Meanwhile, Newman’s budget amendment on the crisis receiving center at CVTC would direct DBHDS to contract for a two-year pilot program with a Community Services Board (CSB) for the purpose of developing and implementing a center serving adults in the counties of Amherst, Appomattox, Bedford and Campbell and the city of Lynchburg.

The center would evaluate emergency custody orders (ECO) outside of the hospital emergency department. Newman said that would provide much-needed relief for Lynchburg-area law enforcement, which spends much time and resources dealing with ECOs.

The budget amendment Newman proposes directs the state to lease at a moderate price four of the more recently renovated buildings at CVTC to provide a location for the pilot program, which would provide “residential crisis stabilization, substance abuse detoxification, and pre-admission for [ECOs], according to a summary of the bill.

The CSB would be authorized to use a total of 12 beds designed for both crisis stabilization and detoxification services and would be directed to contract with law enforcement agencies, if the measure passes.

The money allocated for the pilot project would pay for a program manager, clinical coordinator, physician or nurse practitioner, on-call physician, just more than two dozen mental health provider clinicians, 18 nursing positions, two peer counselors, an administrative assistant, a food services manager, three cooks and eight contracted law enforcement officers, according to the proposed budget amendment’s language.

“I think that’s a model that can work,” Newman said of the envisioned center.

He said he hopes the measure can give the area a shot at getting out of “the mess” of law enforcement overwhelmed with handling ECOs and temporary detention orders. Newman said he feels the state currently has the worst TDO and ECO legislation in the country, explaining those cases are dumped on law enforcement and adds “mental health sitter” to duties of an already highly challenged profession.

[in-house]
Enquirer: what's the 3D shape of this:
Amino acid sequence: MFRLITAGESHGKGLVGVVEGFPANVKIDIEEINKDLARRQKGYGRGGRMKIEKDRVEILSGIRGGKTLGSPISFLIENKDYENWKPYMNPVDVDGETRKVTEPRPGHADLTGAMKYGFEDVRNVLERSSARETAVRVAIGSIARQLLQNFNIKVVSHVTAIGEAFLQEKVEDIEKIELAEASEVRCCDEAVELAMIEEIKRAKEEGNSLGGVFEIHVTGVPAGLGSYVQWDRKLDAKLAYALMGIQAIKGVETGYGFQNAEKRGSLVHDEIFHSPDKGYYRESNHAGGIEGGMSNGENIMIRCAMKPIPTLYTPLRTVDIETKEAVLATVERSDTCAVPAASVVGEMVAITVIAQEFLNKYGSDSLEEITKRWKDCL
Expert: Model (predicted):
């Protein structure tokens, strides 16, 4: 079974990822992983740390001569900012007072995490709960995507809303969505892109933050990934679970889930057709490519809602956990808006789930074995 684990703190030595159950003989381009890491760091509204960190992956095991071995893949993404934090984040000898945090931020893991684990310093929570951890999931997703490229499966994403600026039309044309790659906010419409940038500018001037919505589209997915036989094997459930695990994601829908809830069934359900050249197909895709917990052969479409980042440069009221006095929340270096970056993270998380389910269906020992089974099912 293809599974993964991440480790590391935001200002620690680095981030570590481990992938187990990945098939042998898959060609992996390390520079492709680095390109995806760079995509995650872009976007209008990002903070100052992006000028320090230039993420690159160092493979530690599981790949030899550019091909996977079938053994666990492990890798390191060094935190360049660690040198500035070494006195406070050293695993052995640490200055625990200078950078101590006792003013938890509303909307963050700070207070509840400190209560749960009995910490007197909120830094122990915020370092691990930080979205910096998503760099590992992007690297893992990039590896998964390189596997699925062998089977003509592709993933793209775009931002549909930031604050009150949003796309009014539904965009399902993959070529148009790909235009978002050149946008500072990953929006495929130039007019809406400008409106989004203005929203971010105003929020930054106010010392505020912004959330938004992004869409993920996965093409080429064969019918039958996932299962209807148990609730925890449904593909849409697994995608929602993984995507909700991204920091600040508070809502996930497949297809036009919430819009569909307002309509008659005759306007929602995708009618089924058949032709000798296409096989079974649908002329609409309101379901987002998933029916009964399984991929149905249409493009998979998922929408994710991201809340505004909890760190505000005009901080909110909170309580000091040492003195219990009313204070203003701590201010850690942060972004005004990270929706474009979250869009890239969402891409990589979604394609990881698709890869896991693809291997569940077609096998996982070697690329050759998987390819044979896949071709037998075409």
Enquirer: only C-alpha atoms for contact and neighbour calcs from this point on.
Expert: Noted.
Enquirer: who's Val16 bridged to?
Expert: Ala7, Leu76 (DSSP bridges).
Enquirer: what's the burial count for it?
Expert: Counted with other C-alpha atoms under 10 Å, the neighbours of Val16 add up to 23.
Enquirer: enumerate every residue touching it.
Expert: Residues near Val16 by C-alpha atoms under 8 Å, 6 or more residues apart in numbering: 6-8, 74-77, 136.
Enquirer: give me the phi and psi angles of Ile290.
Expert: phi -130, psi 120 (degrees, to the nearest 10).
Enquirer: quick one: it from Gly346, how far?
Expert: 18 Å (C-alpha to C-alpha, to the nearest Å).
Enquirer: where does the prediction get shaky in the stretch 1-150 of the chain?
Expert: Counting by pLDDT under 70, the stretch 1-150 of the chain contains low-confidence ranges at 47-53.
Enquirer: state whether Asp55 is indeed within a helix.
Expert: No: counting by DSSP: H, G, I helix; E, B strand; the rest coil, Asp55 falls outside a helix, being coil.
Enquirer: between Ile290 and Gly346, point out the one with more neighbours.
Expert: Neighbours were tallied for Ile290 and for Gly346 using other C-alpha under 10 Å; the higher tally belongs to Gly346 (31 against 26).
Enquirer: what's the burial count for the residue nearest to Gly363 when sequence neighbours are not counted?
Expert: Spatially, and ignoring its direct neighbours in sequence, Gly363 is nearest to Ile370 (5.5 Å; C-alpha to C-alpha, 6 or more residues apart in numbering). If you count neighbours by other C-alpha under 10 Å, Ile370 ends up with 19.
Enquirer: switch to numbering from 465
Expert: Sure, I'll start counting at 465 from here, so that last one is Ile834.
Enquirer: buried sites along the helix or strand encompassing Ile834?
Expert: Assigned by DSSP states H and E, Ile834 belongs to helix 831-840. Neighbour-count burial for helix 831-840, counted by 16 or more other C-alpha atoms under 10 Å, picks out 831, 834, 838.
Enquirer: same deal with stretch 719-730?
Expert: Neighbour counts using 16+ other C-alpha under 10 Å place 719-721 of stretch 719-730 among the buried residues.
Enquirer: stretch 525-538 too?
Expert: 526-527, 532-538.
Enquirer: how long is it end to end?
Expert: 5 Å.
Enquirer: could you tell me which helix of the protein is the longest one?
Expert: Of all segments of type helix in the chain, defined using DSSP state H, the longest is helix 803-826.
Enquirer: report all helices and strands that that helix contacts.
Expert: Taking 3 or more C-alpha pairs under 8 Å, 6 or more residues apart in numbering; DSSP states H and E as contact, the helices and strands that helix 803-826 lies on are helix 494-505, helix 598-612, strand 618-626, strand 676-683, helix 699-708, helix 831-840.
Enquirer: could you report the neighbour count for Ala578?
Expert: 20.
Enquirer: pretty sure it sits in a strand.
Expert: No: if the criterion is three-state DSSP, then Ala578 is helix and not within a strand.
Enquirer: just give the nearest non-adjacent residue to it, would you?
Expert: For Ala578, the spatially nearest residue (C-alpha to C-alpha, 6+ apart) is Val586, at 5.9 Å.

Newman said the current system has to change.

“This is incredibly bad,” he said. “It’s the number one issue for our [Lynchburg-area] police and sheriffs.”

Newman said he is working during the ongoing session to tackle the immediate problem, which also involves measures to pay law enforcement more money, and a long-term solution for the state to study the matter and find the most innovative best practice for a major adjustment moving forward.

Amherst County Sheriff E.W. Viar said in an interview he is fully on board with a regional crisis center setting up in a portion of CVTC and taking pressure off his department.

He said matters involving those in crisis with mental health issues often take up much time and resources, including pulling from security staff his office provides at the Amherst courthouse and overtime pay.

“We have to sit there with them and we can’t walk away,” Viar said. “We shouldn’t have to sit at the hospital once we get them there. It shouldn’t be up to local law enforcement. We can’t just sit there eight and 10 hours. It’s hard to get people to come in and do it anymore.”

Viar said he is pleased with Newman’s efforts to secure more pay for law enforcement and he thinks a regional crisis center would be a benefit to the region.

“I think everybody in this area would be tickled to death, as far as police,” Viar said.